Richard Daryl "Ric" Brown (born June 1, 1946) is an American economist who served from 2008-2018 as the Virginia Secretary of Finance. He joined the Virginia Department of Planning and Budget in 1971 and was appointed as its director by Governor Jim Gilmore in 2001. He was reappointed in 2002 and 2006 and, in 2008, was made Secretary of Finance following Jody Wagner's departure to run for Lieutenant Governor of Virginia.Born in Arlington, Virginia, Brown graduated in 1968 from the College of William & Mary, earning a B.A. in economics and received a Master of Commerce degree from the University of Richmond.

Statewide opinion polling for the 2008 Republican Party presidential primaries

This article is a collection of statewide public opinion polls that have been conducted relating to the Republican presidential primaries, 2008, typically using standard statistical methodology.

Statewide opinion polling for the 2016 Republican Party presidential primaries

This article contains opinion polling by U.S. state for the 2016 Republican Party presidential primaries. The shading for each poll indicates the candidate(s) which are within one margin of error of the poll's leader.

For the significance of the earliest state votes, the Iowa caucuses and the New Hampshire primary, see United States presidential primary – Iowa and New Hampshire. For when any given state votes, see Republican Party presidential primaries, 2016 – Schedule of primaries and caucuses.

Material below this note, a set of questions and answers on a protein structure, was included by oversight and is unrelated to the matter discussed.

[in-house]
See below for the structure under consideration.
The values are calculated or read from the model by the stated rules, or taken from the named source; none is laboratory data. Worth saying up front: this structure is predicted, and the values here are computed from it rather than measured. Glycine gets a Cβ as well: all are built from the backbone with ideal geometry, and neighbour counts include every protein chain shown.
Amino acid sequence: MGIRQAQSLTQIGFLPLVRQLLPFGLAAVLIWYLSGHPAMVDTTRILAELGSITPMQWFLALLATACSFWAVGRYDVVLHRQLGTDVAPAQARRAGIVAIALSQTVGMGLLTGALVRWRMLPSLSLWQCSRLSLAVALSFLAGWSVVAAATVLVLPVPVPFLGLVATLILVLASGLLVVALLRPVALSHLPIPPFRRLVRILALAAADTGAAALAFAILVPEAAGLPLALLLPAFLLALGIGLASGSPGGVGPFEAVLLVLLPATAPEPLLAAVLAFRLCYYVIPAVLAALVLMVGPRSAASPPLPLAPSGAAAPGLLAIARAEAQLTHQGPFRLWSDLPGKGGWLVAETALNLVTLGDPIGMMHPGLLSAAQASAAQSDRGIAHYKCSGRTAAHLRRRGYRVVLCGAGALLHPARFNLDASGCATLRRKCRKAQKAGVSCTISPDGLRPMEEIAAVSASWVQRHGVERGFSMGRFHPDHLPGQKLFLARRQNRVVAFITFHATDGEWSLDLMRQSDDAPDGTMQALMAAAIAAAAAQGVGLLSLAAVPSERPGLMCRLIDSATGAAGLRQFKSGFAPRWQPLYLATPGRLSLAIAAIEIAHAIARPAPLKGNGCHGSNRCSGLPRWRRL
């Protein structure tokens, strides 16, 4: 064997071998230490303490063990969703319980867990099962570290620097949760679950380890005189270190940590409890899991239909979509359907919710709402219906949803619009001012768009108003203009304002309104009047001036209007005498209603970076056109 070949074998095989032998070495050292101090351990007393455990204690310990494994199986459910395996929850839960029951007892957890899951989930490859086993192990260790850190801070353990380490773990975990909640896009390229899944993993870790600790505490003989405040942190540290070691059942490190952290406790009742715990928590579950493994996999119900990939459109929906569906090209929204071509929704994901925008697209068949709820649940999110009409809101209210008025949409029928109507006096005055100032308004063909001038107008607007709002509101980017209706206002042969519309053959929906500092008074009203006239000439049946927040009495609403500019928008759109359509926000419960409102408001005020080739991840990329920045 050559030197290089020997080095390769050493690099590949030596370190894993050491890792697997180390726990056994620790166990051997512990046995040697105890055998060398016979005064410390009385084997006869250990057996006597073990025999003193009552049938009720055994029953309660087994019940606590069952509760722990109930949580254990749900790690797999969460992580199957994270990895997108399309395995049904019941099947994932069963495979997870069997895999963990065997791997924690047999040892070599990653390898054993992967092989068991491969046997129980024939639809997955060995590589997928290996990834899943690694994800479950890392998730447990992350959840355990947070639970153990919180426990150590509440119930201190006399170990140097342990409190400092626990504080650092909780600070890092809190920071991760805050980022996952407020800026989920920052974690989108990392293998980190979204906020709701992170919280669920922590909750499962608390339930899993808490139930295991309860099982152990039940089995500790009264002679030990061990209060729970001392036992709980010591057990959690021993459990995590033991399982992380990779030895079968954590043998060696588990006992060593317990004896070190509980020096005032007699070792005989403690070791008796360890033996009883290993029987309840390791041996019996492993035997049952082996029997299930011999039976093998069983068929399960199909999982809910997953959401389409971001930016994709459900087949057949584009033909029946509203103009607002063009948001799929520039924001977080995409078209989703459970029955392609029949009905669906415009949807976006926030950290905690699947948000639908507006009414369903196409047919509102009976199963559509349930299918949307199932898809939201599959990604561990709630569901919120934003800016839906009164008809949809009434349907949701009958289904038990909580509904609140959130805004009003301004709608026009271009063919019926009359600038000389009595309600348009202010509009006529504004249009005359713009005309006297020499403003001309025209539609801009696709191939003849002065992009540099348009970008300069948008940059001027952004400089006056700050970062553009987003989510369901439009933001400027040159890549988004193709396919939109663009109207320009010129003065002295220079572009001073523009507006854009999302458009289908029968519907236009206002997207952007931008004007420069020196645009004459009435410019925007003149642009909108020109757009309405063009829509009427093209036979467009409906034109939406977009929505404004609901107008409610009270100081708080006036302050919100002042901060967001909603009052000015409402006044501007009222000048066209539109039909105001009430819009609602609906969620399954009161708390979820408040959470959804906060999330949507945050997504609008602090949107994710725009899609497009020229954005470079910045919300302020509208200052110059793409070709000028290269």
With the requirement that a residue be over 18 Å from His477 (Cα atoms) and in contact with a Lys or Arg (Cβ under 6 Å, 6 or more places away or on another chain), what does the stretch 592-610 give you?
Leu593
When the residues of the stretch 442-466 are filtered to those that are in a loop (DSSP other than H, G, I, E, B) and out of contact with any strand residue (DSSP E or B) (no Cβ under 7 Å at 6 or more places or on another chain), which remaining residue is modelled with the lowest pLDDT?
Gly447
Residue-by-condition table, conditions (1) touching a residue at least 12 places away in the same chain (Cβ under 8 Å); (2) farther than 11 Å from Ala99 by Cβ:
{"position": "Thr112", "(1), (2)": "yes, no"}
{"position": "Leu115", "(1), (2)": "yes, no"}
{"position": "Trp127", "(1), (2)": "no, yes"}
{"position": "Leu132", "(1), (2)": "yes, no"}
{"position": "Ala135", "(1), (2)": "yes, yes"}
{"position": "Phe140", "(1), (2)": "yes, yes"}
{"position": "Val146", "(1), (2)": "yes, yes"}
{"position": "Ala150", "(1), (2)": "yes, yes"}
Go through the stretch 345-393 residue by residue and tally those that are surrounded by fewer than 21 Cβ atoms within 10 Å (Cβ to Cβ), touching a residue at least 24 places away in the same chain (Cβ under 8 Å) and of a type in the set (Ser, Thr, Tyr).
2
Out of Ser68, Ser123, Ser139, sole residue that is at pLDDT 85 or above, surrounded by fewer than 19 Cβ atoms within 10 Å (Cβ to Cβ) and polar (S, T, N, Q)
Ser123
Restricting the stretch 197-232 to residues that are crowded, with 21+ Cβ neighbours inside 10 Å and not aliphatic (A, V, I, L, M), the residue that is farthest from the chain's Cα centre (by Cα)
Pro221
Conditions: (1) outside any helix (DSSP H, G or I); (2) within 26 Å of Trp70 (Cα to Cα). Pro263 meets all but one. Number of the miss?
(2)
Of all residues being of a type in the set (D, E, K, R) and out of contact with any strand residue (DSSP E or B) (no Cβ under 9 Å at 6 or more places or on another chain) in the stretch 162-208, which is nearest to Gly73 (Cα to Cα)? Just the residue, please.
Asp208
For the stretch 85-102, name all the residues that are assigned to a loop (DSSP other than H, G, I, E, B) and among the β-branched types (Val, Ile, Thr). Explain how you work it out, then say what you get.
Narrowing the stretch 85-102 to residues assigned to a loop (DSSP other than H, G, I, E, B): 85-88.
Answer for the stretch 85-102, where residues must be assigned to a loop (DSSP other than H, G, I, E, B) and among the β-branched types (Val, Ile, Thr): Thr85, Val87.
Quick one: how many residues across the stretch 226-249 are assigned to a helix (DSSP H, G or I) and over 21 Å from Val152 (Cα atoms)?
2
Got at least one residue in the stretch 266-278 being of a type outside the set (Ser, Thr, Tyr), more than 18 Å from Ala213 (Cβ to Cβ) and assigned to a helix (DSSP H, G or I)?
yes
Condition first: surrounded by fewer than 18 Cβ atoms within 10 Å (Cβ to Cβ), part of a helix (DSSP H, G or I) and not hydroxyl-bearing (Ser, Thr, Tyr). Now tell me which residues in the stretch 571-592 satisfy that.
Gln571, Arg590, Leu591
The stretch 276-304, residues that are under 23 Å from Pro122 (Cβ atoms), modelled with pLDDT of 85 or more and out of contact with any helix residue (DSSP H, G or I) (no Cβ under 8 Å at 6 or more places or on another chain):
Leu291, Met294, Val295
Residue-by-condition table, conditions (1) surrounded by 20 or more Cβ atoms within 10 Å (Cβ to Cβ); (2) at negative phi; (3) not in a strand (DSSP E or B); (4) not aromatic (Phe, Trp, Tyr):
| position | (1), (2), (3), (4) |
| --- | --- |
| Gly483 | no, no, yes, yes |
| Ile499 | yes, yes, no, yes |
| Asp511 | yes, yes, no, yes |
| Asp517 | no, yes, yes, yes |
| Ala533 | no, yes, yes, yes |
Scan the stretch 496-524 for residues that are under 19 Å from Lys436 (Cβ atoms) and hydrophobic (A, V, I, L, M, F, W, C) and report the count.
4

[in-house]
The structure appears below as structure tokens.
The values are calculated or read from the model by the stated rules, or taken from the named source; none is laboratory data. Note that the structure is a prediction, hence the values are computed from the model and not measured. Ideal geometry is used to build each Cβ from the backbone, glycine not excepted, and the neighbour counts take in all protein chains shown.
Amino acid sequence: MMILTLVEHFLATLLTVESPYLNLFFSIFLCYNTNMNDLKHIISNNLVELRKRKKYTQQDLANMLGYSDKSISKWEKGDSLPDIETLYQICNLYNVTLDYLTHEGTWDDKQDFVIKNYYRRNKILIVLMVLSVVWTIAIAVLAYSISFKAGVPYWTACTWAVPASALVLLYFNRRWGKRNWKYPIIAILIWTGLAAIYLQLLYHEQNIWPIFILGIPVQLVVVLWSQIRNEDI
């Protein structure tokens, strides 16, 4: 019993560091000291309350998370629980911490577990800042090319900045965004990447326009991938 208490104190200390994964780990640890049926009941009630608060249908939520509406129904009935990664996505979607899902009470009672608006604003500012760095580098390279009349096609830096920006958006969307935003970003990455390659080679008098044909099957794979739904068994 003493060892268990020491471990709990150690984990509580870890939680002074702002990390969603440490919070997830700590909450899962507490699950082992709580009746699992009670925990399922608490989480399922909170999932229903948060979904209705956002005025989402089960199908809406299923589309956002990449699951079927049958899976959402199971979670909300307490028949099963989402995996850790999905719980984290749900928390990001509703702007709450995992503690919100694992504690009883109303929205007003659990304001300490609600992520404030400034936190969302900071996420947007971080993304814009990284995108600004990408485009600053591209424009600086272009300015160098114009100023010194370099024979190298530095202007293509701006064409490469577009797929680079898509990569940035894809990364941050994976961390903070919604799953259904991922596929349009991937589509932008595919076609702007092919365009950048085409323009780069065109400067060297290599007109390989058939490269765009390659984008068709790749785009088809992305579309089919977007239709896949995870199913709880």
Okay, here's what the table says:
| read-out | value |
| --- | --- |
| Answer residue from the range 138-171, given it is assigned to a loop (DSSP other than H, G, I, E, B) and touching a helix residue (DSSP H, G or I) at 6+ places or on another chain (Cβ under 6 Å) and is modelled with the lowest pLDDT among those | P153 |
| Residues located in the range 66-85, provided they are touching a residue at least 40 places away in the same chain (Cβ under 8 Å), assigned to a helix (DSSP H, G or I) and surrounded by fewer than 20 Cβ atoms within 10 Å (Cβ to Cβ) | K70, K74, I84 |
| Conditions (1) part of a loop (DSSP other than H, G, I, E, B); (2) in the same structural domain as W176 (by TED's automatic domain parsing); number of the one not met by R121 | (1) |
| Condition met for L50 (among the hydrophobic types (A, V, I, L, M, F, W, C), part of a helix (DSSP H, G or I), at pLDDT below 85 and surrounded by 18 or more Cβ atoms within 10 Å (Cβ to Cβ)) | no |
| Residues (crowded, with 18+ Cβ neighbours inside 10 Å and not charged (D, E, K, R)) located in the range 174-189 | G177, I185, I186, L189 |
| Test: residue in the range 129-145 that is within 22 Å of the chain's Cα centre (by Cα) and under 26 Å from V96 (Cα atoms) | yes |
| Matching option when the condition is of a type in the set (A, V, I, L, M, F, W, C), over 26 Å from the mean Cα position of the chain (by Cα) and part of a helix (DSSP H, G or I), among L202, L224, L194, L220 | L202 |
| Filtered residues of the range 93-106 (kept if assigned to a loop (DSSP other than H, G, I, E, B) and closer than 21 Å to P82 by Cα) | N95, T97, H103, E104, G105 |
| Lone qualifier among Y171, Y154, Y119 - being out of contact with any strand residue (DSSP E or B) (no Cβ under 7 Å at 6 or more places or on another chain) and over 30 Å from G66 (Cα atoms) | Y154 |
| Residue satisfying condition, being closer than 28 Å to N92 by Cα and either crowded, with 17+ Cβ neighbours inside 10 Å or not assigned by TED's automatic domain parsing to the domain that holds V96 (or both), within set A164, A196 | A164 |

Thomasina Jordan

Thomasina Elizabeth Jordan (Red Hawk Woman) (? – 1999) was an American Indian activist who became the first American Indian to serve in the United States Electoral College in 1988.

Jordan received bachelor's and master's degrees in fine arts at Bishop Lee College in Boston. She studied at Harvard University, received an educational doctorate from The Catholic University of America, and attended the American Academy of Fine Arts in New York City. She later resided in Alexandria, Virginia, where she was a member of the Alexandria Republican City Committee.

Jordan was appointed Chairperson of the Virginia Council on Indians by Governors George Allen and Jim Gilmore.

She also founded the American Indian Cultural Exchange, served on the Board of Directors of Save the Children and the National Rehabilitation Hospital, was president of Chapter I of the Capital Speakers Club, and was a recipient of the Medal of Honor of the National Society of the Daughters of the American Revolution.

According to a resolution passed by the Virginia General Assembly honoring her life, "Thomasina Jordan was instrumental throughout the years in bringing Indian issues to the forefront in the General Assembly, including legislation to correct birth certificates to identify Native Americans as such, allow animal parts and feathers to be used in religious regalia, and memorialize the United States Congress to grant historic federal recognition to Virginia’s state-recognized tribes."Congress first considered a recognition bill, as championed by Jordan and others, in 2000. Six Virginia tribes eventually gained federal recognition in 2018 under an act bearing her name, the Thomasina E. Jordan Indian Tribes of Virginia Federal Recognition Act of 2017.